“We did have a bunch of hopefully invisible shot work where we needed to digitally replace sections of her body,” advises Evans. “Obviously we don’t want to change any of her performance where her performance is her, but we had to try and remove straps underneath her costume and a bulky rig around the waist just to make sure she looks true to herself rather than looking like she’s got a ring around her. It’s the kind of work that we’ll spend hours and hours and hours on, but probably no one will see or notice, which is actually great.”
Wonder Woman in Washington
The film jumps to 1984 where Diana is working at the Smithsonian Institution in Washington, D.C. She also takes time to carry out some trademark superhero saves as Wonder Woman. This includes foiling the theft of some stolen antiquities, including the ‘Dreamstone’, by a number of criminals from a shopping mall. Production filmed the sequence at a disused mall in Virginia dressed to the period by the art department.
“It looked real, basically, and it was real, and it was full with real extras,” outlines Moffatt. “We didn’t do any crowd extension or any kind of additional matte painting of shop fronts or anything like that. Our work was to remove the rigging, which was not insignificant, that enabled the stunt performers to fly, and Gal to fly, through the space.”
One exciting moment sees Wonder Woman leap over a railing having lassoed two of the criminals while the camera follows. The shot was achieved with a ‘Texas Switch’—two wired stunt performers performing a take-over from each other—one for the initial leap and the other waiting below the railing, only revealed as the camera continues over the side.
DNEG took on the rig-removal work, along with some face replacements, and implemented Wonder Woman’s Lasso of Truth which she uses to round-up the thieves. Still, says Moffatt, “the name of the game was to start with something real and keep as much of it as we could.”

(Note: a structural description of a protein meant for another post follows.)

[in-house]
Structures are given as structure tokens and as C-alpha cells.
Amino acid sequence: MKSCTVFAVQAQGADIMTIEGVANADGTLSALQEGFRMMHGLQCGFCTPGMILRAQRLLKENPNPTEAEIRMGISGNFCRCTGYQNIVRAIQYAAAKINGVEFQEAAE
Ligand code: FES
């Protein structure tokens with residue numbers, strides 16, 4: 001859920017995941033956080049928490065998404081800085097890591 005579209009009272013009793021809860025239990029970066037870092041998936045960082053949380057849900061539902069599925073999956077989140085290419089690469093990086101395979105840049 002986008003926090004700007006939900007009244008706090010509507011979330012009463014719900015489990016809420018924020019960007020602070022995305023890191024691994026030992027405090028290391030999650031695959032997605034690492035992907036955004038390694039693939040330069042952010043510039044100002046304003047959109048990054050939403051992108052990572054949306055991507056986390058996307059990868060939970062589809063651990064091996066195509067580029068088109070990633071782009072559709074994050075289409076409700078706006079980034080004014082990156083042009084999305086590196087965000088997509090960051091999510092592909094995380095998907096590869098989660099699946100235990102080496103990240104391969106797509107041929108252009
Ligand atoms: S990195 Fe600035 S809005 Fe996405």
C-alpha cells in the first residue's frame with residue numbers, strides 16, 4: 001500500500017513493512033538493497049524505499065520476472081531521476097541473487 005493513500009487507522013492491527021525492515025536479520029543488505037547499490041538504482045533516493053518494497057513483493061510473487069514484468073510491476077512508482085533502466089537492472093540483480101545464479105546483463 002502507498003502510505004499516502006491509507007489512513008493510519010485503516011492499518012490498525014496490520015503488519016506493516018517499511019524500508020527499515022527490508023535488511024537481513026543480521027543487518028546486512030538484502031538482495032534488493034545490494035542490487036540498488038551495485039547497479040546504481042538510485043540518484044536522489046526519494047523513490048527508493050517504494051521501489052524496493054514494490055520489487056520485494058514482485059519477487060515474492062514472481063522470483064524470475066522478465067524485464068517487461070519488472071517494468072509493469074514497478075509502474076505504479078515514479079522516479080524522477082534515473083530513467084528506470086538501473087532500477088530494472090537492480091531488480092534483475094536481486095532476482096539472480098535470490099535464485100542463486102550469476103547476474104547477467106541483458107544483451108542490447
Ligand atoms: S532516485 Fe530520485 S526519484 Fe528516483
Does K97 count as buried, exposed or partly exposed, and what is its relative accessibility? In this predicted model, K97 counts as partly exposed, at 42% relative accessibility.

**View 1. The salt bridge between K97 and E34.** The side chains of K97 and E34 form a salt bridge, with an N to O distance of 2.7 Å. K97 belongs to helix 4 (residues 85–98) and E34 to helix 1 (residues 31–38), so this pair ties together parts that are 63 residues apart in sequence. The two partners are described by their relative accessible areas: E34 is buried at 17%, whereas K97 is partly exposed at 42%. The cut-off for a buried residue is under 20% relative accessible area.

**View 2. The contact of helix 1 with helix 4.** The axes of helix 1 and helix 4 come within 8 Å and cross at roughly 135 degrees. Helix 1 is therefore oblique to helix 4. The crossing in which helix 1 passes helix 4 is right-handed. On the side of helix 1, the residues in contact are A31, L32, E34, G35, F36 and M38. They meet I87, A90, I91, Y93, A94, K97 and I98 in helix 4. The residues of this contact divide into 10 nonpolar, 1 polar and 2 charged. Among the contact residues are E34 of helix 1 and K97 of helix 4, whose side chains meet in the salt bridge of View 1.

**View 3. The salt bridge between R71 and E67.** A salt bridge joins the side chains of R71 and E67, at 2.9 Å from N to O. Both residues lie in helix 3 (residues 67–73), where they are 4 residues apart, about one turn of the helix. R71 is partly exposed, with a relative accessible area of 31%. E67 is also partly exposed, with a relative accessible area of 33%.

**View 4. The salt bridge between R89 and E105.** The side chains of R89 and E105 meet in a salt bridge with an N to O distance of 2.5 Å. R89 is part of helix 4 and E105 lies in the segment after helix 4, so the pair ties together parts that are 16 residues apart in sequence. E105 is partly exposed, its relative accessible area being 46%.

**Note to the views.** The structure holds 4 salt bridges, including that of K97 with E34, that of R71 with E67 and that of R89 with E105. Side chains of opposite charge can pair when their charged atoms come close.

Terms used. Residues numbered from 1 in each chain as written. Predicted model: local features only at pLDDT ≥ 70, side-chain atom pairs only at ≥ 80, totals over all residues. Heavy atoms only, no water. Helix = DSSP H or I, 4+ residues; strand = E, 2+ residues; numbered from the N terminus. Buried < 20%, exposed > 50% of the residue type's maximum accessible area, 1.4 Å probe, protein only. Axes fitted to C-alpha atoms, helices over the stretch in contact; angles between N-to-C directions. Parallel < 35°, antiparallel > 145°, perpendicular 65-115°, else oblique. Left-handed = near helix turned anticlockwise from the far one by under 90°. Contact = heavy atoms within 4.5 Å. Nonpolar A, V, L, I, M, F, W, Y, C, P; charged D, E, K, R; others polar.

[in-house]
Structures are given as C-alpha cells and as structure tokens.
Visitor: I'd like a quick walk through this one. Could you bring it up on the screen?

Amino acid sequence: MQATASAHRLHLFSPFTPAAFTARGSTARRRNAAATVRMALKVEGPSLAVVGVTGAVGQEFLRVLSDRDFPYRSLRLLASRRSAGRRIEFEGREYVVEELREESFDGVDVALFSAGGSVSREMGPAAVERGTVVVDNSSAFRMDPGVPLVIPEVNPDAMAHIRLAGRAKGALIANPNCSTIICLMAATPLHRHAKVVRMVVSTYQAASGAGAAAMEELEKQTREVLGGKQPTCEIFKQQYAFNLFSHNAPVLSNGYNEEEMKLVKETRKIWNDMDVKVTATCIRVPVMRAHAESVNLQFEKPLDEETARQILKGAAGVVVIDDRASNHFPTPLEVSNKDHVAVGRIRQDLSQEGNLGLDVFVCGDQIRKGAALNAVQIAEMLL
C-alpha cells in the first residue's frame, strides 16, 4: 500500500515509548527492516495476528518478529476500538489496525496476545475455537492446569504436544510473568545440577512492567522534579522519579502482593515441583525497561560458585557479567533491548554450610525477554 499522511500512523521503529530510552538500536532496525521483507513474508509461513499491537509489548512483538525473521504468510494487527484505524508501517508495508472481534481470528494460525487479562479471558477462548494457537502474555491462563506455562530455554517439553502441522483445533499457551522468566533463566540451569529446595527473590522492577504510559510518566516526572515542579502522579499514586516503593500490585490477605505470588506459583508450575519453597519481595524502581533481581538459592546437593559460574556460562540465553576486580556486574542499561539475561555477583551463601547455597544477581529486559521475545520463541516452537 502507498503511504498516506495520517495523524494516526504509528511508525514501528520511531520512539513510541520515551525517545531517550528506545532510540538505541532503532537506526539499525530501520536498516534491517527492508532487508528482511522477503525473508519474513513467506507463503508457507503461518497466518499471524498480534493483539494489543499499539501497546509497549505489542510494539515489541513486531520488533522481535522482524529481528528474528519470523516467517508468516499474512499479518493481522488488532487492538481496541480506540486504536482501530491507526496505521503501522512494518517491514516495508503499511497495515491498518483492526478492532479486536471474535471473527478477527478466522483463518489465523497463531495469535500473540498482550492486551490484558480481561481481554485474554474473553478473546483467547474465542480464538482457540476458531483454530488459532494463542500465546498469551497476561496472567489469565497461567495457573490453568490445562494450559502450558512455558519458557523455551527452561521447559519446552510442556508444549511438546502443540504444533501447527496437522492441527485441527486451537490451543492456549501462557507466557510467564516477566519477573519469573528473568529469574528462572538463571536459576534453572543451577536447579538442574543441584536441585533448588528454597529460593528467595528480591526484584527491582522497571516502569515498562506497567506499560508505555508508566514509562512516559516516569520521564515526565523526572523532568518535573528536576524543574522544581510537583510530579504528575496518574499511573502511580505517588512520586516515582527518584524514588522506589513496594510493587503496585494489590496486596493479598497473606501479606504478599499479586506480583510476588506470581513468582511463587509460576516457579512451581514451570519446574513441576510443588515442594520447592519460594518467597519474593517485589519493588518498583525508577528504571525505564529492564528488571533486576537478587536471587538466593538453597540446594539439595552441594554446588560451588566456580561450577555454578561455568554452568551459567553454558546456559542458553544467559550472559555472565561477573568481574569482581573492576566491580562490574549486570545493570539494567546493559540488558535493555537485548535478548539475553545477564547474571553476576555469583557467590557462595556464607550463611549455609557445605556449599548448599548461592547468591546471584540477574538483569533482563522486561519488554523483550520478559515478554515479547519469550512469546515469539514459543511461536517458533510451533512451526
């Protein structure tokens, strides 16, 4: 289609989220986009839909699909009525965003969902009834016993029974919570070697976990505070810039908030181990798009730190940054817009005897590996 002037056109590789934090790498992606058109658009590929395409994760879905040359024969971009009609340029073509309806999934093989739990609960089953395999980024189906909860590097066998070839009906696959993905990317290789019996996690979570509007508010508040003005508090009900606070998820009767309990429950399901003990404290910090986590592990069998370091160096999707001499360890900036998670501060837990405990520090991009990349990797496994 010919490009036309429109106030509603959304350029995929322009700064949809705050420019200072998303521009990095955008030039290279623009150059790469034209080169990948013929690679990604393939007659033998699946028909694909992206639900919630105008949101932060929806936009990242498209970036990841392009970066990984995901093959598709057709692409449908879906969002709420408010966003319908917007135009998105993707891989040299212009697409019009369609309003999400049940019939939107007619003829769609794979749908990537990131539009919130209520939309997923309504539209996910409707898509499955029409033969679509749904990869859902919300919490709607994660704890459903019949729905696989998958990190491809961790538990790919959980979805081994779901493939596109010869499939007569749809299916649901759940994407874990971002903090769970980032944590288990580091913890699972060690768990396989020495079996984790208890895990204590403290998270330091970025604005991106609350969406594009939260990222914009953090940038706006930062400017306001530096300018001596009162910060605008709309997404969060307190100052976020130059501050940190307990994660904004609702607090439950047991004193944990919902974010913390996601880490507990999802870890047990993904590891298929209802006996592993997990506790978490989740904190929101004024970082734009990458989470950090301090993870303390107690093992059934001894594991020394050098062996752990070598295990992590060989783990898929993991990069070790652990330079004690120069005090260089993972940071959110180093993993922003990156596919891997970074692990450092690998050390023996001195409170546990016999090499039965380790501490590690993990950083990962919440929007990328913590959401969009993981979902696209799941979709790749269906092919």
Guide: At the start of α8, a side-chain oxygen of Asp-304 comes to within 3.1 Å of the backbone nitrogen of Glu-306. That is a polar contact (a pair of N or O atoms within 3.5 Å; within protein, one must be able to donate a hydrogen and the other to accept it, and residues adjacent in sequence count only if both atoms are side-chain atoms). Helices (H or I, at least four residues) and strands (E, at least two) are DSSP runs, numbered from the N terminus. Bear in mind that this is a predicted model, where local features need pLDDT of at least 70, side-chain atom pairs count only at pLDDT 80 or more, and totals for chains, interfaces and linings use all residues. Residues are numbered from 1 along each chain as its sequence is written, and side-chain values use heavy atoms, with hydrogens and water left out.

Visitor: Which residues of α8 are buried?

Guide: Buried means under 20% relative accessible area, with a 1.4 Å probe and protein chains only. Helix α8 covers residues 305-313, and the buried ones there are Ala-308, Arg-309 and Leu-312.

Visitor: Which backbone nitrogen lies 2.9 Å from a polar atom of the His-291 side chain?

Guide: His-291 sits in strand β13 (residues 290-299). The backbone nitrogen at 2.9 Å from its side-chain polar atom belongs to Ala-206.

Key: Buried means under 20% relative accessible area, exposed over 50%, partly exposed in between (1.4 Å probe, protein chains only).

At one point, there is a jet flight that occurs on the Fourth of July where the characters fly through a fireworks display. Aerial plates served as the basis for the jet flight, with a cockpit setup shot on a gimbal against bluescreen and practical fireworks filmed on an airport runway used as elements for the scenes.
“The firework was suspended off a crane, but it didn’t fly off up in the air as a normal firework would, it just detonated in space,” explains Moffatt. “Then we drove the camera through it.”
This ‘camera’ was actually a six ARRI ALEXA Mini array atop a Technocrane on a tracking vehicle driven through the fireworks as they were detonated. “It gave us this incredible high-resolution material that we could use for some of the shots, and also gave us something to match to for the look of the fireworks,” says Moffatt. The final visual effects for these flying scenes were crafted by Method Studios, overseen by VFX supervisor Aidan Fraser.
Lessons on the Lasso of Truth
Wonder Woman’s primary weapon, her Lasso of Truth, helps her leap great distances and snag criminals. Both DNEG and Framestore had lasso shots, with perhaps one of the most stand-out sections in the film being Wonder Woman’s use of the weapon as a shield in a fight at the White House. Here she spins the lasso incredibly fast to generate the force-field, with DNEG generating refractography-like patterns as it twirls.
“I’m a bit obsessed with refractography,” admits Moffatt. “It’s basically lensless photography and it creates these incredible visuals. I wanted to get some hints of that into it as an aesthetic thing. You’ve got these ever so subtle moving light patches in it, which just keeps it alive.”